Running research: Heel-toe or toe-heel?

Press Release:

New research from La Trobe University suggests there is no evidence that changing a runner’s strike pattern will help prevent injuries or give them a speed boost.

In a bid to avoid shin splints, sore knees and other injuries, many runners have adopted a toe-to-heel trend, running on the balls of their feet. This is often encouraged by coaches and health professionals.

However, in research out this week in Sports Medicine, La Trobe injury researcher and physiotherapist Dr Christian Barton found there is no evidence to suggest running on the front of your feet reduces injury risk or improves performance.

“We analysed 53 studies which looked at the impact of forefoot, rearfoot and flatfoot running patterns on injury, running economy and running biomechanics,” senior author of the study, Dr Barton said

“Our comprehensive review suggests that telling someone to run on the ball of their foot instead of their heel may make them less efficient, at least in the short term. Additionally, there is no evidence either way on whether running on the balls of your feet reduces injury.”

Dr Barton said switching your running style shifts the body’s loads but doesn’t make them disappear.

“Running toe-heel might help injuries at the knee, where loads are reduced. However, it may cause injuries to the feet and ankle, where loads are increased,” Dr Barton said.

“Put simply, when it comes to running style: If it ain’t broke, don’t fix it.”

Can the bunion correctors actually help correct bunions?

A simple search of Google will not give you the answer to the question as if bunion correctors work. You will see lots of posts and comments by podiatric and orthopedic surgeons saying that they do not work (they make their money by doing bunion surgery) and you see lots of posts and comments by people selling them say that they do work (they make their money by selling them).

So, who should you believe? Should you believe all the testimonials on the sites selling them. They can be fake. Lots of forum and social media posts ask if the work (eg here and here). Some podiatrists have tried to address the issue (eg here).

In these situations, you need to defer to what the unbiased published and peer reviewed scientific research says. Unfortunately there is not a lot to go on here as its not exactly a popular topic for researchers to look into!

There is one study that has looked at this and, yes it showed that bunion correctors do work at correcting bunions. However, it was only done over a 3 month period and its showed on average a 1 degree improvement per month in the angle of the hallux valgus. That is a reasonable outcome. What they study did not show is that if there is further improvement beyond the three months or if you need to keep wearing them to maintain the improvement. Maybe the improvement reverses when the corrector is no longer used.

There are lots of unanswered questions regarding the research on these, so unfortunately opinions is all that is left. There are opinions (eg here) that even if they do not actually correct the bunion or hallux valgus, they are still useful as a physical therapy type intervention to stretch and keep the joint mobile. This is a reasonable opinion and use of these bunion correctors.

Two different concentrations of benzoyl peroxide gel can be used to treat pitted keratolysis

Press Release:

Topical benzoyl peroxide gel 2.5% and 5% can both be used to treat pitted keratolysis according to study results presented at the American Academy of Dermatology virtual meeting in June, 2020.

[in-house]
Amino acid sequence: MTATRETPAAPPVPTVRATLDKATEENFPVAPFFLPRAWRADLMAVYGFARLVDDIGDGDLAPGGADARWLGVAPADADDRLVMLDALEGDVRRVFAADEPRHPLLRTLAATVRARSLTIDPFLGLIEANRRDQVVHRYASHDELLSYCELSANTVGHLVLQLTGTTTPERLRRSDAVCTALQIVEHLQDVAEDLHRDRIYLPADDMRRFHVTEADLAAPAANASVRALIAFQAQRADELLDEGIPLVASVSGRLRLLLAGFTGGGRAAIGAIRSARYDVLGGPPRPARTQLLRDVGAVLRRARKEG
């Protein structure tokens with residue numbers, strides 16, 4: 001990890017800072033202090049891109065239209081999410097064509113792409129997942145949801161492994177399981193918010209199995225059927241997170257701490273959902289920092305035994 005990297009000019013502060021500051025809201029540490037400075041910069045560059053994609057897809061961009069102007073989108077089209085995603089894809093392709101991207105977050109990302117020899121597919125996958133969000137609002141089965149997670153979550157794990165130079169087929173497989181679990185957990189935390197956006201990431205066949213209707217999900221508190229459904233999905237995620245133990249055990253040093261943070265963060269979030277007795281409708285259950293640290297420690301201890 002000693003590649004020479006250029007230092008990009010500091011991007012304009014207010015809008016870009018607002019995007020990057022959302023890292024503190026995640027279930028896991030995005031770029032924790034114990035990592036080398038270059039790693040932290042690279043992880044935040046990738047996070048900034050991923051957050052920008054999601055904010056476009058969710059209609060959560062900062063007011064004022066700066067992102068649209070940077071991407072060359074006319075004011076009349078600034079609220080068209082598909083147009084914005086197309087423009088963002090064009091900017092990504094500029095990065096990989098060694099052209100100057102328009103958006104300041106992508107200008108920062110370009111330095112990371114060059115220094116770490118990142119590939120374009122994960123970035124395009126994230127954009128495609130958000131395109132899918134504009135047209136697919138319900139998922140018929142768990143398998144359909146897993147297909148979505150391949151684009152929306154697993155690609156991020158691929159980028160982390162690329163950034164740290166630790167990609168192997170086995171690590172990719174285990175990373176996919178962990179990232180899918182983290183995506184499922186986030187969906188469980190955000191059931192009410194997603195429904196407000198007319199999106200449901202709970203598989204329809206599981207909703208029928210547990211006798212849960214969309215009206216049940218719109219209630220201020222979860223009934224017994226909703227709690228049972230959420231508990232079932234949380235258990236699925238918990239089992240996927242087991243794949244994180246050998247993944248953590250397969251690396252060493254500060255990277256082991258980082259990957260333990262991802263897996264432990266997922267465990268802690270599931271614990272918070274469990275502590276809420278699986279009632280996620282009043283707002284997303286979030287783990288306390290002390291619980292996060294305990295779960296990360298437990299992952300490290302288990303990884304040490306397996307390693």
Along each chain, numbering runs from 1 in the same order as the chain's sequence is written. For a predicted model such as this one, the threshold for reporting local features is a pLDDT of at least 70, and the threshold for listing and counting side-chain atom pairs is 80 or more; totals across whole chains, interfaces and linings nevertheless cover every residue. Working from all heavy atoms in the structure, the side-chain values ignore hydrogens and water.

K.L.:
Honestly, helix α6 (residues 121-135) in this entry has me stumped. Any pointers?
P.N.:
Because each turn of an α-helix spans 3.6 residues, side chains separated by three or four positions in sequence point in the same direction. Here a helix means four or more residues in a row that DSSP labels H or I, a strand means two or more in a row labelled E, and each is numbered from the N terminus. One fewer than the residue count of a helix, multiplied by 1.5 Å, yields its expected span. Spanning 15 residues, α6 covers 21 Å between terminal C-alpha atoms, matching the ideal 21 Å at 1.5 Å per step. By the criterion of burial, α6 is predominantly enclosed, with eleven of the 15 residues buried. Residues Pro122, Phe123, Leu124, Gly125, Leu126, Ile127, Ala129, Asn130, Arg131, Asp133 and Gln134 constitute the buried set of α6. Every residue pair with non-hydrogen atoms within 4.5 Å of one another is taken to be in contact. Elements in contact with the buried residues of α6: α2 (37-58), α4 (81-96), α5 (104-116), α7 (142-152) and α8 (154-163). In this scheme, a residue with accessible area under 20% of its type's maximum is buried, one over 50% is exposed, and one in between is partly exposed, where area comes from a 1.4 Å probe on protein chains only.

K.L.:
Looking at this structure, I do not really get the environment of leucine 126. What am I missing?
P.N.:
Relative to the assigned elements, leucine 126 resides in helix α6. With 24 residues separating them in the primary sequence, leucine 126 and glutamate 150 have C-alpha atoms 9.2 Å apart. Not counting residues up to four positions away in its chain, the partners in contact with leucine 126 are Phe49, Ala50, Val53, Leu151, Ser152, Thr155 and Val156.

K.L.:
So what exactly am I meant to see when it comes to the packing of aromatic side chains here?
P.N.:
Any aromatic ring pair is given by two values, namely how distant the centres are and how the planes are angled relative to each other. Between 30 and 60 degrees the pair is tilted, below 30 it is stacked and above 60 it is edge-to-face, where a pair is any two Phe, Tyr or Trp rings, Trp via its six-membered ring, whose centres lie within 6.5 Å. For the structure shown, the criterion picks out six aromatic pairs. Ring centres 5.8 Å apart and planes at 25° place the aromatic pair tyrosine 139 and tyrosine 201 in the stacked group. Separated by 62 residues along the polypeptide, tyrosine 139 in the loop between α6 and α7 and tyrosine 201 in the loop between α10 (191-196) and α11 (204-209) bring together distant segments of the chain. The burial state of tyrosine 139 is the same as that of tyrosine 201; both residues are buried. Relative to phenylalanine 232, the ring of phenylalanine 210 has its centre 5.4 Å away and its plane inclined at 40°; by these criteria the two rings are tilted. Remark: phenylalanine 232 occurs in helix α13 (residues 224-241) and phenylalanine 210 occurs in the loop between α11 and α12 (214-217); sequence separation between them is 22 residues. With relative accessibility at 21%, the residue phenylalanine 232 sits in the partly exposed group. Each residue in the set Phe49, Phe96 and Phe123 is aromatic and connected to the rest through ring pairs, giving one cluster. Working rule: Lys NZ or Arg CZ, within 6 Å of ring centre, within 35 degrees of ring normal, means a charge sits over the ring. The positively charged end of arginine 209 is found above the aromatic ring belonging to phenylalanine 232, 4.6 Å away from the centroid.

Pitted keratolysis (PK), a common skin disease, is frequently accompanied by pitted lesions on the feet and malodor,” Charussri Leeyaphan, MD, of the department of dermatology, faculty of medicine at the Siriraj Hospital, Mahidol University in Bangkok, and colleagues wrote. “The over-the-counter drug topical benzoyl peroxide gel (BP) is used as a medication for PK. However, the appropriate dosage and duration of BP treatment of PK is controversial.”

Topical benzoyl peroxide gel 2.5% and 5% can both be used treat pitted keratolysis.
In a prospective randomized, controlled trial to assess the safety and effectiveness of topical 2.5% BP and 5% BP, 89 subjects diagnosed with PK were analyzed. Subjects were assigned either 2.5% or 5% BP and were asked to apply the topical medication once daily for 2 weeks. Safety and effectiveness were evaluated 2 weeks after treatment via clinical examinations and self-assessments.

Of the 42 subjects that were treated with 2.5% BP, self-evaluation of foot odor using a visual analog scale showed a significant decrease from 5.4 to 3.7 (P < .001). Of 47 subjects treated with 5% BP, the decrease was from 5.4 to 3.5 (P .001).

Pitted lesions were evaluated by treatment-blinded dermatologists, with a 69% improvement for the 2.5% BP group vs. a 63.8% improvement for the 5% BP group. Side effects were not statistically different between the groups, and moderate to high levels of satisfactions were reported from almost all subjects.

“This study demonstrated that either 2.5% or 5% BP can be used for the treatment of PK and foot malodor,” Leeyaphan and colleagues wrote. “Due to the similarities in their efficacies and side effects, the use of 2.5% BP may be preferable.”

New Balance Golf Shoes

Press release:

Boston, Mass., March 6, 2020 – New Balance Golf has added two new styles to its Fresh Foam LinksSL collection for spring.

New Balance’s Fresh Foam technology was first introduced in the company’s performance running shoes and is now used across almost all categories of New Balance footwear.

Fresh Foam Technology

CUSH+ – A molded insole for superior comfort and lateral stability.

FRESH FOAM – An innovative midsole with a data-driven design that identified zones in the midsole where altering levels of compression and resistance are aligned to provide ultra-soft cushioning and lateral stability.

SMART RUBBER OUTSOLE – The spikeless outsole on the Fresh Foam LinksSL has omni-directional traction lugs with pressure mapping colors to highlight key performance zones.

Fresh Foam LinksSL

The Fresh Foam LinksSL features a waterproof performance mesh upper and a spikeless smart rubber outsole. The smart rubber outsole has pressure mapping colors to highlight key performance zones during the swing. The suggested retail is $99.95. The green and white colorway is available March 15th and the red, white and blue colorway will be available May 1st.